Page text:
US, banks unveil plan to address global food crisis | Russia-Ukraine war News
The partners are working towards averting hunger caused by Russia’s war in Ukraine, rising food costs and climate change.
The United States, several global development banks and other groups announced a multibillion-dollar plan on Wednesday to address the worldwide food insecurity crisis exacerbated by the Russia’s war in Ukraine.
The U.S. Treasury Department announced that a number of global development banks are “working rapidly to provide financing, policy commitments, technical assistance” to avert war hunger, wage costs increased food costs and climate damage to crops.
Tens of billions of dollars will be spent to support farmers, solve the fertilizer supply crisis, and develop land for food production, among other issues. The Asian Development Bank will contribute funds to feed Afghanistan and Sri Lanka and the African Development Bank will use $1.5 billion to support 20 million African farmers, according to the Ministry of Finance.
The European Bank for Reconstruction and Development, the Inter-American Development Bank, the International Fund for Agricultural Development and the World Bank will also contribute tens of billions of dollars in the coming months and years to support producers. food and solve supply shortage problems.
The plan stems from a meeting that US Treasury Secretary Janet Yellen convened in April at the spring meeting of the International Monetary Fund and World Bank, where she called on powerful nations to find looking for concrete ways to combat the looming crisis of global food insecurity that Russia’s war in Ukraine made even worse.
Russia and Ukraine produce a third of the world’s wheat supply, and the loss of the commodity to the war has caused food prices to skyrocket and uncertainty about the future of food security globally, in particular. in poor countries.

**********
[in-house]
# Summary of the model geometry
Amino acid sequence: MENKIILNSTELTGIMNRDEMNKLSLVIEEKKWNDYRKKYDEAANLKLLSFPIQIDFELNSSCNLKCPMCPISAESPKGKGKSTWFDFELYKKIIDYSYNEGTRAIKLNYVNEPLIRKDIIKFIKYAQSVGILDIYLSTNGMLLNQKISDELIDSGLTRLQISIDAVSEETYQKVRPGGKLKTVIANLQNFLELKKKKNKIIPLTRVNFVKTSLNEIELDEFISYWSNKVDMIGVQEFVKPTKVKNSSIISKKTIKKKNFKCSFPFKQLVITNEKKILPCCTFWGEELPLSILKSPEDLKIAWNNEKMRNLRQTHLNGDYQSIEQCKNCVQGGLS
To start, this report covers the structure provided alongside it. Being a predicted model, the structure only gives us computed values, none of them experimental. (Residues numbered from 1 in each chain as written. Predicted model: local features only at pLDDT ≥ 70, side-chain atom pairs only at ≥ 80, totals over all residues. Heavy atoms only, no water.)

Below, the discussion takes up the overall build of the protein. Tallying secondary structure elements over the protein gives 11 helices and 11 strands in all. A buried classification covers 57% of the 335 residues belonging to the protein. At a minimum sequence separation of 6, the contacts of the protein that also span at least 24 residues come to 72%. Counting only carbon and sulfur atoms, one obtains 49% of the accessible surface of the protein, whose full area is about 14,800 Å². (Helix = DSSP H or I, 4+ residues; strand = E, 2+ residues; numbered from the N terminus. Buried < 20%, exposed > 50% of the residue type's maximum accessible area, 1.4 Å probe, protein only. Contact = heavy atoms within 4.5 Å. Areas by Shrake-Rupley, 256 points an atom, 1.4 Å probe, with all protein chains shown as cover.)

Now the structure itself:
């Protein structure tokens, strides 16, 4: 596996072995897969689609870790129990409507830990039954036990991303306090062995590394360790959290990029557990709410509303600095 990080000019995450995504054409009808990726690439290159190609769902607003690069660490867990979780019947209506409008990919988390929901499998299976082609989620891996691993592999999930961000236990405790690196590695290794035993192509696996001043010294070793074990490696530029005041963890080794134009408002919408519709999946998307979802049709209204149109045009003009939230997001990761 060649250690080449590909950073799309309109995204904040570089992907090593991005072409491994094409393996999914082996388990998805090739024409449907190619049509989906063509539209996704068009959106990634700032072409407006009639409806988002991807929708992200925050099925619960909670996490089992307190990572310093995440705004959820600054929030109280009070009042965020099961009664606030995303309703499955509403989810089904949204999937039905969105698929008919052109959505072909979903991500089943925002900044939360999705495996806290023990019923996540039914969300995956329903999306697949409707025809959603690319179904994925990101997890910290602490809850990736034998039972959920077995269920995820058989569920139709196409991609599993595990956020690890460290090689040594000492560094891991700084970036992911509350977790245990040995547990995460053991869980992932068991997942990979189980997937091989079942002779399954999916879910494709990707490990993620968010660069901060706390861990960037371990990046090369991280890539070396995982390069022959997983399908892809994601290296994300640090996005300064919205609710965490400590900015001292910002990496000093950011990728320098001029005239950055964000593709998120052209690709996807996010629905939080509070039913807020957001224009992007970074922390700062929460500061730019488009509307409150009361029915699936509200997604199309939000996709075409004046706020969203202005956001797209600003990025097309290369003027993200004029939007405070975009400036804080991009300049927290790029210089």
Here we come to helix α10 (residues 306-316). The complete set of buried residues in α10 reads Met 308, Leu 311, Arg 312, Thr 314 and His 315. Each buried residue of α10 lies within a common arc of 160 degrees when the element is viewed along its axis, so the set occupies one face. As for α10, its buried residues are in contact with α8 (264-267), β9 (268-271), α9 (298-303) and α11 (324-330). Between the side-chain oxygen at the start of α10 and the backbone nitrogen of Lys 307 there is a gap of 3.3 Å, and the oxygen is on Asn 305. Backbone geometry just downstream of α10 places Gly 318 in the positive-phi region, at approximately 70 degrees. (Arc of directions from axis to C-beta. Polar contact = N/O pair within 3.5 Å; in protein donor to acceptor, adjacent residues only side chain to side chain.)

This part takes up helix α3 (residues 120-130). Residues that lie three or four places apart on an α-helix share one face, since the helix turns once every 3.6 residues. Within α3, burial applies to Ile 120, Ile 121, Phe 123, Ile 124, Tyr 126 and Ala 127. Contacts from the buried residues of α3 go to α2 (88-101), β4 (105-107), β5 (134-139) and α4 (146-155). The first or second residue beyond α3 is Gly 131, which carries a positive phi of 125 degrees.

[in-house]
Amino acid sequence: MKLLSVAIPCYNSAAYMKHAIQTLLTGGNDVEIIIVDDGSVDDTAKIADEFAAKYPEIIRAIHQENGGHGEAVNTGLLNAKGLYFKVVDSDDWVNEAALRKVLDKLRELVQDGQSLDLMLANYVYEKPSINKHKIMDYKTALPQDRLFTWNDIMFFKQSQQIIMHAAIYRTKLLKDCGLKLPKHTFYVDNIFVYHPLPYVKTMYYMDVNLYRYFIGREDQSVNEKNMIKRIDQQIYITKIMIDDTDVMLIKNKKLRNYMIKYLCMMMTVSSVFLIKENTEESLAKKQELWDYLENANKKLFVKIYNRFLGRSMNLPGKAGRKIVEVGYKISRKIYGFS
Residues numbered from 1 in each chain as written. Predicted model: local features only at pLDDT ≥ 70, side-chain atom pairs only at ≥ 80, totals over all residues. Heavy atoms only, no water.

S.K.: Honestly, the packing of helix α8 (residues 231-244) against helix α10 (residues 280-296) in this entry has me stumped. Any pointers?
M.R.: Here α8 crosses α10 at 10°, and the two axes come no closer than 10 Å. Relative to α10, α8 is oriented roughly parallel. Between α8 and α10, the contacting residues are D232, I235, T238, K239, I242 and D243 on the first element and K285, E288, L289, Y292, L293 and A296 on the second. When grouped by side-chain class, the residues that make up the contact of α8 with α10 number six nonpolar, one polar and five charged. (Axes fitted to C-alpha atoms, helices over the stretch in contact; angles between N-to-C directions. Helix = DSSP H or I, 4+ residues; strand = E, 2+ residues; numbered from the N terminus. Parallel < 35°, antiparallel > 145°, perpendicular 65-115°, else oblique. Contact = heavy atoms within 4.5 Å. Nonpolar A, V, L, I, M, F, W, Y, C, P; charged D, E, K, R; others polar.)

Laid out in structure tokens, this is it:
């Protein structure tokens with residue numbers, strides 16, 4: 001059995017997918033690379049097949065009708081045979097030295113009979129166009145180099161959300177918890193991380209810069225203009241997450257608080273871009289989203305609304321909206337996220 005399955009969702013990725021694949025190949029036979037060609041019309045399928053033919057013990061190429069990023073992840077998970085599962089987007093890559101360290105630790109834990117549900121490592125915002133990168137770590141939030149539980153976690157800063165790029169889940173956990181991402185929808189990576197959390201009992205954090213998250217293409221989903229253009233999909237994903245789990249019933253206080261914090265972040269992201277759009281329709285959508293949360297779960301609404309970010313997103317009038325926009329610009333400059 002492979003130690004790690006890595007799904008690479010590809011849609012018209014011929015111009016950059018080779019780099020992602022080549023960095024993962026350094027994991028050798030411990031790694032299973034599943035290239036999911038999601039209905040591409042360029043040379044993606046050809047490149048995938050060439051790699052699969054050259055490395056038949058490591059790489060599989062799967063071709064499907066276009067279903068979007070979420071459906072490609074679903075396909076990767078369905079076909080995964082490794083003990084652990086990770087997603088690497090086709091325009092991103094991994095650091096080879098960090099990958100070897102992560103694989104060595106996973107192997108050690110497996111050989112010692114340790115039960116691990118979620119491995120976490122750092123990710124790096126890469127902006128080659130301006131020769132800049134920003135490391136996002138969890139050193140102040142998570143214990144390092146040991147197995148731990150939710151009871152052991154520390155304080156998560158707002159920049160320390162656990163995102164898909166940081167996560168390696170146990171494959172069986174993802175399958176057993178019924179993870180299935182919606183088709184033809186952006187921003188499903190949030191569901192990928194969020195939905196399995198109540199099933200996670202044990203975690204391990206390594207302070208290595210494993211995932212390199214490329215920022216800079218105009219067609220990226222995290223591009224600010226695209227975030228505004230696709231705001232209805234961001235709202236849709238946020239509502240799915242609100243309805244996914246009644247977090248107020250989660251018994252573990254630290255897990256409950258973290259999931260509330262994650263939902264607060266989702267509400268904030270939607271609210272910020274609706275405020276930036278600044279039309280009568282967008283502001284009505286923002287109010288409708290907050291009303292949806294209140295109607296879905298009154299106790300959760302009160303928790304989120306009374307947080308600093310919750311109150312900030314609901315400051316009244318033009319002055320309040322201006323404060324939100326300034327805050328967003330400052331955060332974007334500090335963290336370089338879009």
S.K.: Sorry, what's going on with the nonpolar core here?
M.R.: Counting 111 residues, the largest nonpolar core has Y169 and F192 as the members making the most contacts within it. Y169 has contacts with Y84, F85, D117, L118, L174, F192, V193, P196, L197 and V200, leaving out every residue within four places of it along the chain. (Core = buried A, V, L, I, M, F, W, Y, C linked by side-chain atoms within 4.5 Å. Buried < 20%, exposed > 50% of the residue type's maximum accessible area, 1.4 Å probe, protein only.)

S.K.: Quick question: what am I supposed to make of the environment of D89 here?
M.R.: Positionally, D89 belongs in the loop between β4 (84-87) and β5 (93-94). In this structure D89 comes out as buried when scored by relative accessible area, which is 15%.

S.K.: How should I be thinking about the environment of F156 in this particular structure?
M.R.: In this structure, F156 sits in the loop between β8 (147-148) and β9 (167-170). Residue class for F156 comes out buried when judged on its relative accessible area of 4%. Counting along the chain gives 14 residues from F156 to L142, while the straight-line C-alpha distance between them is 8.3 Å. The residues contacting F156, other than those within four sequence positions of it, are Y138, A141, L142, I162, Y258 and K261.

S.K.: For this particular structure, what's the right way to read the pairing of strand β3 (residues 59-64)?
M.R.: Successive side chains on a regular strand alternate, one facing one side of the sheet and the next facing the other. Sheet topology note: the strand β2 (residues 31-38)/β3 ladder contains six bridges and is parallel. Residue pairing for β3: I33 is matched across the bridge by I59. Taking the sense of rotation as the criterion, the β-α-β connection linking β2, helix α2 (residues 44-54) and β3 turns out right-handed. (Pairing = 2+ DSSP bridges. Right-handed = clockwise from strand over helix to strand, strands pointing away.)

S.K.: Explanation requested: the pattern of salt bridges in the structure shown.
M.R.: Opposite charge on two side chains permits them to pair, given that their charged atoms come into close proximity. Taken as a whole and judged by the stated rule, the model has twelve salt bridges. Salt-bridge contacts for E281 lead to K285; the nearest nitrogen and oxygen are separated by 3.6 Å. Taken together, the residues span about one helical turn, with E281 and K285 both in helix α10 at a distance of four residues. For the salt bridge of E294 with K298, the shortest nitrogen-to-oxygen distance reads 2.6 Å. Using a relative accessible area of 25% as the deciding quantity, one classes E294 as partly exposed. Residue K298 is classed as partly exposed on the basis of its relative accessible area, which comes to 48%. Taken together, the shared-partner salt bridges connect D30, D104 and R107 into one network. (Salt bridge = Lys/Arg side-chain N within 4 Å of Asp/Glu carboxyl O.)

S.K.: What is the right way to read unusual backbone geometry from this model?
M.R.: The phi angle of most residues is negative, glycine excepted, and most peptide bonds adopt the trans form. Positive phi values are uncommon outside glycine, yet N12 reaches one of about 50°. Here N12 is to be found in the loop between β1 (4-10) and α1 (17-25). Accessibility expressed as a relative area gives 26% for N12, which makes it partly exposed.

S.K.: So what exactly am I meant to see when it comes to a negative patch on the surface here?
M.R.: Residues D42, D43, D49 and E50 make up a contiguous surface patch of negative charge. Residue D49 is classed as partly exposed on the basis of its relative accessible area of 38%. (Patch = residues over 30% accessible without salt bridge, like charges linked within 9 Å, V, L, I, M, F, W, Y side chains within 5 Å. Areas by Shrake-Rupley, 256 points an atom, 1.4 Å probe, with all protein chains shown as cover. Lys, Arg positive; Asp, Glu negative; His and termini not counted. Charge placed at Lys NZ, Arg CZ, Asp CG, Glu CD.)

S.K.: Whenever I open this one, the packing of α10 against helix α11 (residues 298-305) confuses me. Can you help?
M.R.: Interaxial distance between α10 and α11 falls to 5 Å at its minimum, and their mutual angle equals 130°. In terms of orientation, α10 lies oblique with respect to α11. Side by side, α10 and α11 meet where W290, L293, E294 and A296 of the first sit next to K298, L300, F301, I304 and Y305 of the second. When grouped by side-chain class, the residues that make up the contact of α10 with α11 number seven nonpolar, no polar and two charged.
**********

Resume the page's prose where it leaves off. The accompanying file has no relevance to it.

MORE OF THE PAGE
As part of efforts to resolve the crisis, US Secretary of State Antony Blinken will convene meetings in New York on the sidelines of the United Nations over the next two days focusing on food insecurity. In 2021, more than 193 million people around the world will experience severe food insecurity, an increase of 40 million from the previous year, the State Department said. It is forecast that about 40 million people will fall into poverty and food insecurity by the end of this year.
Fuel and fertilizer shortages in many countries and rapidly rising food prices threaten to destabilize fragile societies, increase hunger and malnutrition, promote migration, and cause economic distress. seriously disturbed. Conflict has exacerbated food security problems globally.
Yellen has traveled to Germany to attend the meeting of finance ministers for the Group of Seven leading economies in Bonn, Germany this weekend. She met with European Commission President Ursula von der Leyen on Tuesday in Brussels. Yellen said they discussed “important issues related to energy security, Ukraine’s economic needs, and continued coordination to impose sanctions on Russia.”
While European nations plan to phase out Russian oil and gas gradually, the United States is urging European Union leaders to consider possible oil tariffs and other methods to prevent Russia from enjoying the benefits of oil and gas. benefit from rising energy prices.
Yellen’s visit to Europe, including time in Poland, aims to address the effects of the war in Ukraine, an international tax plan she negotiated with more than 130 countries last year and a The energy crisis contributed to high inflation worldwide.
In addition to the task of imposing financial sanctions on Russia, distributing coronavirus pandemic programs that are still in effect, and other tasks, Yellen will now be responsible for ensuring vulnerable populations The world’s most afflicted people did not starve to death as the war in Ukraine raged and threatened the world’s wheat and grain supplies.